Variations of this post have been in my drafts folder for a while. I’ve started and stopped it, only to later start and stop it, again. Google Docs has seriously been the real M.V.P in that it’s able to hold so many of my drafts, but I digress.
In the society we live in today, disagreements are bound to happen from time to time. It’s impossible for everyone to agree with us all of the time because we’re all uniquely made, with varying opinions, and experiences.
However, it seems I can’t log onto social media without seeing someone arguing with someone else about something – spewing out insults and labels like it’s nobody’s business.
Except it is because it’s on social media and filling up our newsfeeds.
“You’re an idiot.”
“People like you should disappear.”
I could go on and on and I’m sure you could, too, with examples of these.
I am all for healthy discussion and debate. I am all for shedding light on injustices in a way that’s productive and suggestions solutions. In fact, I’ve learned a lot of things from having conversations with people from different backgrounds and who have differing opinions than my own. I am not policing anyone’s right to share their opinion or express their emotions. That’s not my place at all to do that and I would never want to do so.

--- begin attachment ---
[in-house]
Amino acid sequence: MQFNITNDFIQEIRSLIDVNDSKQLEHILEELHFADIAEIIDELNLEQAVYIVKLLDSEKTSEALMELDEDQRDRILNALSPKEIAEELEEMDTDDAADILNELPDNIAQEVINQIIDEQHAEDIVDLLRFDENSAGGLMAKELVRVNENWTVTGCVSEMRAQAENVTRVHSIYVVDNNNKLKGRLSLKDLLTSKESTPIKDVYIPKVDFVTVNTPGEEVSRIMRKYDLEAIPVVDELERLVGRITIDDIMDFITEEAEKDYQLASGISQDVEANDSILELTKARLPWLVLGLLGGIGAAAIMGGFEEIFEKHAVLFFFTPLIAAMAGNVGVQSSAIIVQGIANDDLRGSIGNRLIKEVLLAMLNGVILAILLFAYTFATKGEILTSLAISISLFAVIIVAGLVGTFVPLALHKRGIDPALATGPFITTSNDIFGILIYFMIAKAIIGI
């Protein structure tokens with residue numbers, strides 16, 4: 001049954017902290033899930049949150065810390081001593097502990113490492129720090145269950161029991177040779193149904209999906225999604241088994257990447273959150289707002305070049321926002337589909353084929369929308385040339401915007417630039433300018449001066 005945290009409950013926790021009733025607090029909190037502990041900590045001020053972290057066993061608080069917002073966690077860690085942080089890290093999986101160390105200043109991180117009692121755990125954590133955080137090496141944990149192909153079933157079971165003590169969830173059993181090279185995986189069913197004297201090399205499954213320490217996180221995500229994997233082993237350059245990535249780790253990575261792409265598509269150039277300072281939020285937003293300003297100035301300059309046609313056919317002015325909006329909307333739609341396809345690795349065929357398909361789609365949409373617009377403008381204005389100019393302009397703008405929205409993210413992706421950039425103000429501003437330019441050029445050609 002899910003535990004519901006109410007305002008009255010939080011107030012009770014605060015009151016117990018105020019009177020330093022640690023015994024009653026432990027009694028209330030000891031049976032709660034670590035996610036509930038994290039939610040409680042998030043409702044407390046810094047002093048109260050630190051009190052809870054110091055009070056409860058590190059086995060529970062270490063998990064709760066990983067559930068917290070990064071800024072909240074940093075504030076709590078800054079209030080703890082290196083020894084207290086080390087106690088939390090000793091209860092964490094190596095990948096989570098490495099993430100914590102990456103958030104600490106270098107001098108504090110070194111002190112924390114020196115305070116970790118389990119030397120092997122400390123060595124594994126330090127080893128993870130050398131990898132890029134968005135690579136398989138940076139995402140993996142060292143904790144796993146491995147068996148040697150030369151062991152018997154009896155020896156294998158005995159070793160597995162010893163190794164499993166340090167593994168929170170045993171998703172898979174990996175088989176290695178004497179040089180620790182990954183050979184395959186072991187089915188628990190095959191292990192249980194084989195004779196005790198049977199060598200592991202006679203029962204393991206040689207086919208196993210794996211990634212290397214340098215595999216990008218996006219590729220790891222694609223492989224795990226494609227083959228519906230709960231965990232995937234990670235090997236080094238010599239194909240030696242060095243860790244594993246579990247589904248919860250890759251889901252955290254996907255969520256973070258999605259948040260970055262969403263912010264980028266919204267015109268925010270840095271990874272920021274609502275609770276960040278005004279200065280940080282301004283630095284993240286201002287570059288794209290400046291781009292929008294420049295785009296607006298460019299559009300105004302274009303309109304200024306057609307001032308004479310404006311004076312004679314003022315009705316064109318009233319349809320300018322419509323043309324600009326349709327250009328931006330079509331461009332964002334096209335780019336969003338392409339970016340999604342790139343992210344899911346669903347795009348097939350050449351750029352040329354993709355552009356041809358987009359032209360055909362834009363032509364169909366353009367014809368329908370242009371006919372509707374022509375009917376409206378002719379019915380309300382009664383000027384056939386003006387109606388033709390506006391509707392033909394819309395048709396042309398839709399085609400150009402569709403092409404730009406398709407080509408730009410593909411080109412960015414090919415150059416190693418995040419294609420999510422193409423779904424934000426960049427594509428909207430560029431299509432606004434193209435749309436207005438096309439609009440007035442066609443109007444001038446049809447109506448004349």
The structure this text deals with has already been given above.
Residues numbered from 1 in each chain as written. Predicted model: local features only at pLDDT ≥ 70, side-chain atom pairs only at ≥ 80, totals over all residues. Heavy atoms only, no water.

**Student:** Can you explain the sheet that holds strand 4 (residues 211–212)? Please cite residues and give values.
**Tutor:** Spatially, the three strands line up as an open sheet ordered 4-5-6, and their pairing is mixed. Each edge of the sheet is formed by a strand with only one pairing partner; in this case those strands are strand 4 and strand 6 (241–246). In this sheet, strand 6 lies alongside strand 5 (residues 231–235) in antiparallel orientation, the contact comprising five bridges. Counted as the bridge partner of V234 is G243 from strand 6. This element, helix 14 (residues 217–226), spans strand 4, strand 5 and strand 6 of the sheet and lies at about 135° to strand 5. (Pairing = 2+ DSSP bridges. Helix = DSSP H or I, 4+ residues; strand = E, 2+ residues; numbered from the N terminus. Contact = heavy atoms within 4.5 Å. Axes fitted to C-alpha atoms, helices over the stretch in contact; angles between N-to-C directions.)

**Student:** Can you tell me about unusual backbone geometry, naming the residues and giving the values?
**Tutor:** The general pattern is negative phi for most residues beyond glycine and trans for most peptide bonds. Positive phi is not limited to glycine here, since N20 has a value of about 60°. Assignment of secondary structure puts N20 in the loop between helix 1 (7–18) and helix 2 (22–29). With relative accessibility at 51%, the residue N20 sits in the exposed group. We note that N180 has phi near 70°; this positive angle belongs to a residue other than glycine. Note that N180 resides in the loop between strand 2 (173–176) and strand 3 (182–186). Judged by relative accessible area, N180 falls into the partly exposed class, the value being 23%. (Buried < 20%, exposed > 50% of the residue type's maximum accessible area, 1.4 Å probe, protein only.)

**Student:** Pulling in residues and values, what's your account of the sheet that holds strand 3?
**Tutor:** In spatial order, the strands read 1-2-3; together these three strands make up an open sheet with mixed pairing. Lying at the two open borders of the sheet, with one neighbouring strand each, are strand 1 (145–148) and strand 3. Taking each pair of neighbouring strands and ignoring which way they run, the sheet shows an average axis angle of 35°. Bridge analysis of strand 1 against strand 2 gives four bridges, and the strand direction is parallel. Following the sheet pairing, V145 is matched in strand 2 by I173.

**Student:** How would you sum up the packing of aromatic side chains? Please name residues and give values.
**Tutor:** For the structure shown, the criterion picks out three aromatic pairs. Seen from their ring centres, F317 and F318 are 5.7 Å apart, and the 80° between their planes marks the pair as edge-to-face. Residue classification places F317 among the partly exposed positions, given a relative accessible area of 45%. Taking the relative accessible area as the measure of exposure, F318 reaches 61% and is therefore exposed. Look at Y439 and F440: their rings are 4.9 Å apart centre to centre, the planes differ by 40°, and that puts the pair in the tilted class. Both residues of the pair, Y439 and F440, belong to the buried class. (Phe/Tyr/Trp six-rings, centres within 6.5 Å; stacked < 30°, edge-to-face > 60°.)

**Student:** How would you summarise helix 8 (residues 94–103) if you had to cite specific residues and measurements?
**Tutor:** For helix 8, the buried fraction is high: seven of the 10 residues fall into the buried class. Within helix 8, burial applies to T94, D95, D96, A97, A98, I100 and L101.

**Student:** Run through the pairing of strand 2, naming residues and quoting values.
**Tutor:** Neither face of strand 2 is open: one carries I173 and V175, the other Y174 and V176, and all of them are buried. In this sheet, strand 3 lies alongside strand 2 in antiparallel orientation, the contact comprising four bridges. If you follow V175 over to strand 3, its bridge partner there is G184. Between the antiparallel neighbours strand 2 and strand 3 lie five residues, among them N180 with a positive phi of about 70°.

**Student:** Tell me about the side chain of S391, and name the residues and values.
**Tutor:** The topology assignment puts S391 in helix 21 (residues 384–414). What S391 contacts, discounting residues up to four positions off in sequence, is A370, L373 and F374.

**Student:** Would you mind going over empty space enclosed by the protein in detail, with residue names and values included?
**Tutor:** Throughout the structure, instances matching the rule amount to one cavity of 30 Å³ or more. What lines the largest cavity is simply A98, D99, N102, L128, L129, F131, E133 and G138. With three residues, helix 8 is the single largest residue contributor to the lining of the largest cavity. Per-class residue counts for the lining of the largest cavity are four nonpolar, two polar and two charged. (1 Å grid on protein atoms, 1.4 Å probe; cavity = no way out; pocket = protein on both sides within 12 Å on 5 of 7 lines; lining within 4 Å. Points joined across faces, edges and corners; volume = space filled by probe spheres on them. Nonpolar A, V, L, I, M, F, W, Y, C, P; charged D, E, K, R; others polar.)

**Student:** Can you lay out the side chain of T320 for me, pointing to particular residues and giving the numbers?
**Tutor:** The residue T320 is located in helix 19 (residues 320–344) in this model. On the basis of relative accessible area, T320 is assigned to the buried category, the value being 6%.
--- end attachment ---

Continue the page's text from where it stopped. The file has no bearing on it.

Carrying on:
I also acknowledge that it can be hard to not want to lash out when you see or hear something that is insulting to you, your background, experiences, and is in opposition with what you feel so passionately about. For me, it’s hearing people joke about assault and minimize it that tends to upset me.
However, I think that when faced with these difficult conversations, we are presented with a choice that while might not lessen the amount of mean interactions that occur out there, can help us preserve our peace.
My solution is less of a solution to the question and more so a response to how we can keep our sanity in the midst of the name calling, insult throwing, threatening discussions that we’re sometimes presented with or see on social media:
Approach them, privately, or ignore it.My advice for dealing with disagreements online: Approach them, privately or ignore it. Click To Tweet
If I’m being honest, sometimes this is hard for me, but I think it is one of the ways we can refuse to participate in the hate being thrown around, while also (if the opportunity presents itself) respectfully sharing our viewpoint.
In my opinion, arguing with people is a waste of time. Arguing and spewing insults will never change anyone’s opinion or make them consider yours. It just makes them angry, makes them feel justified in spewing insults your way, and keeps the cyclical argument going on for hours. We’re just wasting our time engaging in and assuming that it’ll heed positive results.
“I will definitely change my viewpoint because you said I’m a crybaby and that I’m a waste of space for disagreeing with you!” Said no one, ever.